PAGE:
The global oil market will flip from deficit to surplus in December, OPEC Secretary General Mohammed Barkindo said Nov. 16, which is why the group and its allies must proceed conservatively with production policy decisions going forward.

“The surplus is already beginning in December,” Barkindo told reporters on the sidelines of the ADIPEC conference, citing data from the US that has shown oil stocks building in the past few weeks.

“These are just signals that we have to be very, very careful,” he said. “The projections show throughout the quarters of next year that there could be oversupply in the market. This is also further evidence of why we should be very cautious, measured in the decisions we take every month.”

OPEC and 10 allies have been gradually increasing production quotas by 400,000 b/d each month to taper their record output cuts that began during the pandemic-induced market crash of 2020, resisting pressure from several key consuming countries, including the US, Japan and India, to release even more volumes to cool down rising oil prices.

OPEC+ ministers will next meet Dec. 2 to decide on January production levels.

“We have a vested interest in making sure the global economic recovery continues, despite the uncertainties,” Barkindo said. “We think we are on a trajectory of recovery. For us, in OPEC, we will continue to do whatever is necessary that this recovery does not falter.”

The OPEC+ cuts are largely credited with rescuing crude prices, with Dated Brent going from a 21-year low of around $13/b in April 2020 to more than $80/b now.

Falling demand
In its latest monthly oil market outlook Nov. 11, OPEC downgraded its 2021 global oil demand forecast by 160,000 b/d, citing weaker economic factors in China and India, but indicated the market would remain tight through the end of the year.

It estimated that the call on OPEC crude would average 29.57 million b/d over the fourth quarter and then drop to 26.81 million b/d in the first quarter of 2022, compared with the 27.45 million b/d that it pumped in October.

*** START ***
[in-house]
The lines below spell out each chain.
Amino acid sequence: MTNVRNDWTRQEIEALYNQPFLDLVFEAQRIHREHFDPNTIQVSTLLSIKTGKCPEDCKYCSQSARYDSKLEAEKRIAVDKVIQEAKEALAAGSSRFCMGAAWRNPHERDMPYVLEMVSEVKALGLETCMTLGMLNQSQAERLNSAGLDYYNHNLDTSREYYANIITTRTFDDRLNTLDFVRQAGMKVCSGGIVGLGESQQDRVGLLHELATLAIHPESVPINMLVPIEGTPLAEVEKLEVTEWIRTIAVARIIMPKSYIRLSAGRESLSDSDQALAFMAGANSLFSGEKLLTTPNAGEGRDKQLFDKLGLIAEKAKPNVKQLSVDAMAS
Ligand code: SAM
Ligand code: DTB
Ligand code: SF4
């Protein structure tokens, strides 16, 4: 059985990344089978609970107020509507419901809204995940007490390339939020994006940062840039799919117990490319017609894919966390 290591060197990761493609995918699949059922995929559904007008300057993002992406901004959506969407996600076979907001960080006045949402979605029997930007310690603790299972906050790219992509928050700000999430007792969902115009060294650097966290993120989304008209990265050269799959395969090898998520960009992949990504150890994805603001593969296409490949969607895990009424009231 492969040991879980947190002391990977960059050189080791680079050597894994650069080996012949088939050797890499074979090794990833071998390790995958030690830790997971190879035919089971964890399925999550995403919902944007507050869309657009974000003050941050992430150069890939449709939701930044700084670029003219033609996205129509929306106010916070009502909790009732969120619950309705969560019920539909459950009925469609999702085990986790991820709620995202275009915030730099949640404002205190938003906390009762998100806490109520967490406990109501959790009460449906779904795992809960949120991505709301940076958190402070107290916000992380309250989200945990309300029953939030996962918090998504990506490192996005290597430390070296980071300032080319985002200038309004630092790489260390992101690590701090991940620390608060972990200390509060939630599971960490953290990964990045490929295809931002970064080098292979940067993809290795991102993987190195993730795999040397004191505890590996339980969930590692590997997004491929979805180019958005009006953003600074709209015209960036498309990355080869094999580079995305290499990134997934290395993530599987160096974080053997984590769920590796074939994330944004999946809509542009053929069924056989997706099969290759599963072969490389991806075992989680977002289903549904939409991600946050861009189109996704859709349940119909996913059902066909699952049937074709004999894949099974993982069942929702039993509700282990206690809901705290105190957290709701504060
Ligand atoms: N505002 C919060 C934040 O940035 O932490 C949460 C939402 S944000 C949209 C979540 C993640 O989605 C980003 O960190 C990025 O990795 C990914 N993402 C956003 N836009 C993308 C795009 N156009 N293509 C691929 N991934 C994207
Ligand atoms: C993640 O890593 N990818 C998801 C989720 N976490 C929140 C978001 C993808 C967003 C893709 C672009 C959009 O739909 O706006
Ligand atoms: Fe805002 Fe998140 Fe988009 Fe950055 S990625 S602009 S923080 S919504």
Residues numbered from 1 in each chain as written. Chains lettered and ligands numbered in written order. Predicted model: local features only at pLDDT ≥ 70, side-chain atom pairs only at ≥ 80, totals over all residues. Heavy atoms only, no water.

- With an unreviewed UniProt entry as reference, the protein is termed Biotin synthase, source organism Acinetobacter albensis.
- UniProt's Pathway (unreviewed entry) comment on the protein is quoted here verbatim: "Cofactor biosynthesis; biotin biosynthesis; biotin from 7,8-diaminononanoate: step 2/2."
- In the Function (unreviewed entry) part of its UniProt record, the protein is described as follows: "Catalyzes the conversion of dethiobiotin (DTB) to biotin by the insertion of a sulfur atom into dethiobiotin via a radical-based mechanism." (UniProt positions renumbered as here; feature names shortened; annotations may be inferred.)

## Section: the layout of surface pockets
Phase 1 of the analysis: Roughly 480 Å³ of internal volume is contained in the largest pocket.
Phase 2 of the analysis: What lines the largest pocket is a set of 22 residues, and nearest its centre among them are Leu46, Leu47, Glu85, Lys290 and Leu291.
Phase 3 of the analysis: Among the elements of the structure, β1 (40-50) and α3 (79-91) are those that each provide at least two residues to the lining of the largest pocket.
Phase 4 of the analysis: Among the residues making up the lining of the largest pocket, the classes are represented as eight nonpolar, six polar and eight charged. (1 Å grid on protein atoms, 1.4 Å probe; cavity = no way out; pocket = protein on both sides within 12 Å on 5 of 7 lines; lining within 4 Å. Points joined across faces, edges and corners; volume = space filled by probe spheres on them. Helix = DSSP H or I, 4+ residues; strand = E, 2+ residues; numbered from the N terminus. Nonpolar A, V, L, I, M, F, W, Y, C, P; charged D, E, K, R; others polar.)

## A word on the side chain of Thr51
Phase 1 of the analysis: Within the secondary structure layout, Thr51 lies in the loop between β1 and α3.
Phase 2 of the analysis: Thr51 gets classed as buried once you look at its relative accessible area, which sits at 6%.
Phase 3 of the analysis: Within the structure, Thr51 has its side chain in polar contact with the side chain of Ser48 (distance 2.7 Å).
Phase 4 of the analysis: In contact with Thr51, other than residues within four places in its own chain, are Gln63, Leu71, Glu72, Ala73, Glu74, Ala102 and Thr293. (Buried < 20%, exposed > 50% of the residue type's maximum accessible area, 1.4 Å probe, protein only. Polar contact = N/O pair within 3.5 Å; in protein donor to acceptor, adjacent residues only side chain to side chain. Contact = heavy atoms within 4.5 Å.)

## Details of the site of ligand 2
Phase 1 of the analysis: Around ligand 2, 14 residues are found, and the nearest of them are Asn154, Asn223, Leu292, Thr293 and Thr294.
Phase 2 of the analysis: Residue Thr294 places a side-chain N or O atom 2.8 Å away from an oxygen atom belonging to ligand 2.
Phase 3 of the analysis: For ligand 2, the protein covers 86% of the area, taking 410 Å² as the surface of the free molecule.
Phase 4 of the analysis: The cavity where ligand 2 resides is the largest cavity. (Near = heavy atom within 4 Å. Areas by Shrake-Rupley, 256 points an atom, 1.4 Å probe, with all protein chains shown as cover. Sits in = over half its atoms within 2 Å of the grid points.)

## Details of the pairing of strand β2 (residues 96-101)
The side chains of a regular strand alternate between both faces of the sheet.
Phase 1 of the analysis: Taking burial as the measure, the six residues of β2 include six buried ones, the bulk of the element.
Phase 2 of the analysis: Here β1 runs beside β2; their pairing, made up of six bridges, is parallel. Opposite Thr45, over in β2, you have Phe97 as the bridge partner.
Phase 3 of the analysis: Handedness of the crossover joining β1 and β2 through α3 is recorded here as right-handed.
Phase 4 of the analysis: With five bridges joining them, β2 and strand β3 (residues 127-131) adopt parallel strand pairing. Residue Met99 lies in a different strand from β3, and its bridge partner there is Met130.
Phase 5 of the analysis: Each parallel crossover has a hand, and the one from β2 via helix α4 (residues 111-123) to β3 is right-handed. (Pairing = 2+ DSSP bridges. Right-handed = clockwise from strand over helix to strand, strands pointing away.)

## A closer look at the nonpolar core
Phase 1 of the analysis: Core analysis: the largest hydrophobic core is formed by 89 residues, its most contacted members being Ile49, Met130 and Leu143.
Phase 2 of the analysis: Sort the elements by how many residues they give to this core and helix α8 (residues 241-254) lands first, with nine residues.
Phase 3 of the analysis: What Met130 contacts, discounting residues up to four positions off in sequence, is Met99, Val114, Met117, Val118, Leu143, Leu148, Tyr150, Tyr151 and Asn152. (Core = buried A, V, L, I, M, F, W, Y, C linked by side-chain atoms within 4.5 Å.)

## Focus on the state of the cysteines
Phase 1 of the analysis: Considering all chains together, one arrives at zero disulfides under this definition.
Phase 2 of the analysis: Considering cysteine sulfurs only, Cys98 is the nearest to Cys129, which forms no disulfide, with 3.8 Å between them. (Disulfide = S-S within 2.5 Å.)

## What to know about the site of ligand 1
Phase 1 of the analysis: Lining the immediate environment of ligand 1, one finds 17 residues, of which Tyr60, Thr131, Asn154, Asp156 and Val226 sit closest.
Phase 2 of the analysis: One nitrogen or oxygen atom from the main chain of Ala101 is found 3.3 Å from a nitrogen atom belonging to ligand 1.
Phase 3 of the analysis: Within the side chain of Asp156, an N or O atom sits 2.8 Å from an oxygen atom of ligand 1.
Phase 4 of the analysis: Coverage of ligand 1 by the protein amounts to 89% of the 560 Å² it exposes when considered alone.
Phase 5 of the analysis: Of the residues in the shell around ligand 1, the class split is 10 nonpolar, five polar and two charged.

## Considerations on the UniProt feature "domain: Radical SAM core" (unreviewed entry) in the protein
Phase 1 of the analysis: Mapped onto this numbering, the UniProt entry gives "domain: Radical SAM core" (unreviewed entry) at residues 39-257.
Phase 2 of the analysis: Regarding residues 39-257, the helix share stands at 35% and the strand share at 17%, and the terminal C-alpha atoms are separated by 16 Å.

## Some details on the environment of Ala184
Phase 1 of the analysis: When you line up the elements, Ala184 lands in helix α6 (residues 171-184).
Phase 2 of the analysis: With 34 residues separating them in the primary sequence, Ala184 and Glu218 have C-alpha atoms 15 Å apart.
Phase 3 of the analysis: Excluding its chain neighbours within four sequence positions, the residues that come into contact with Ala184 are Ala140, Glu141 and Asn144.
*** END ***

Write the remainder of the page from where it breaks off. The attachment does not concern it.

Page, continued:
The International Energy Agency, meanwhile, on Nov. 16 downgraded its estimate of the call on OPEC crude to 28.3 million b/d in the fourth quarter and 27.5 million b/d in the first quarter of 2022, in part due to renewed US shale activity.

Data from the US Energy Information Agency showed US oil stocks increasing from 420.9 million barrels as of Oct. 1 to 435.1 million barrels Nov. 5.

“When we meet, we look at the data,” Barkindo said. “Our decisions are data-driven.”

Barkindo’s comments came a day after energy ministers from Saudi Arabia, the UAE and Kuwait also indicated at the ADIPEC conference that they saw no need for the OPEC+ alliance to change plans for continued 400,000 b/d production hikes.

Saudi energy minister Prince Abdulaziz told S&P Global Platts he saw no evidence of any oil shortages, attributing the recent rise in crude prices to the recent gas and electricity crunch in Europe and Asia that has spilled over into the oil market.

“Saudi Arabia has demonstrated to the world that we always come to the rescue of the world if it is needed,” he said. “The problem is, it is not an issue of oil, it is an issue of gas, LNG, coal, and the availability of electricity. This is the most unfortunate part that people are not relating to. And they are trying to throw the problem on oil when oil is the least source of the problem.”

Source: Hellenic Shipping News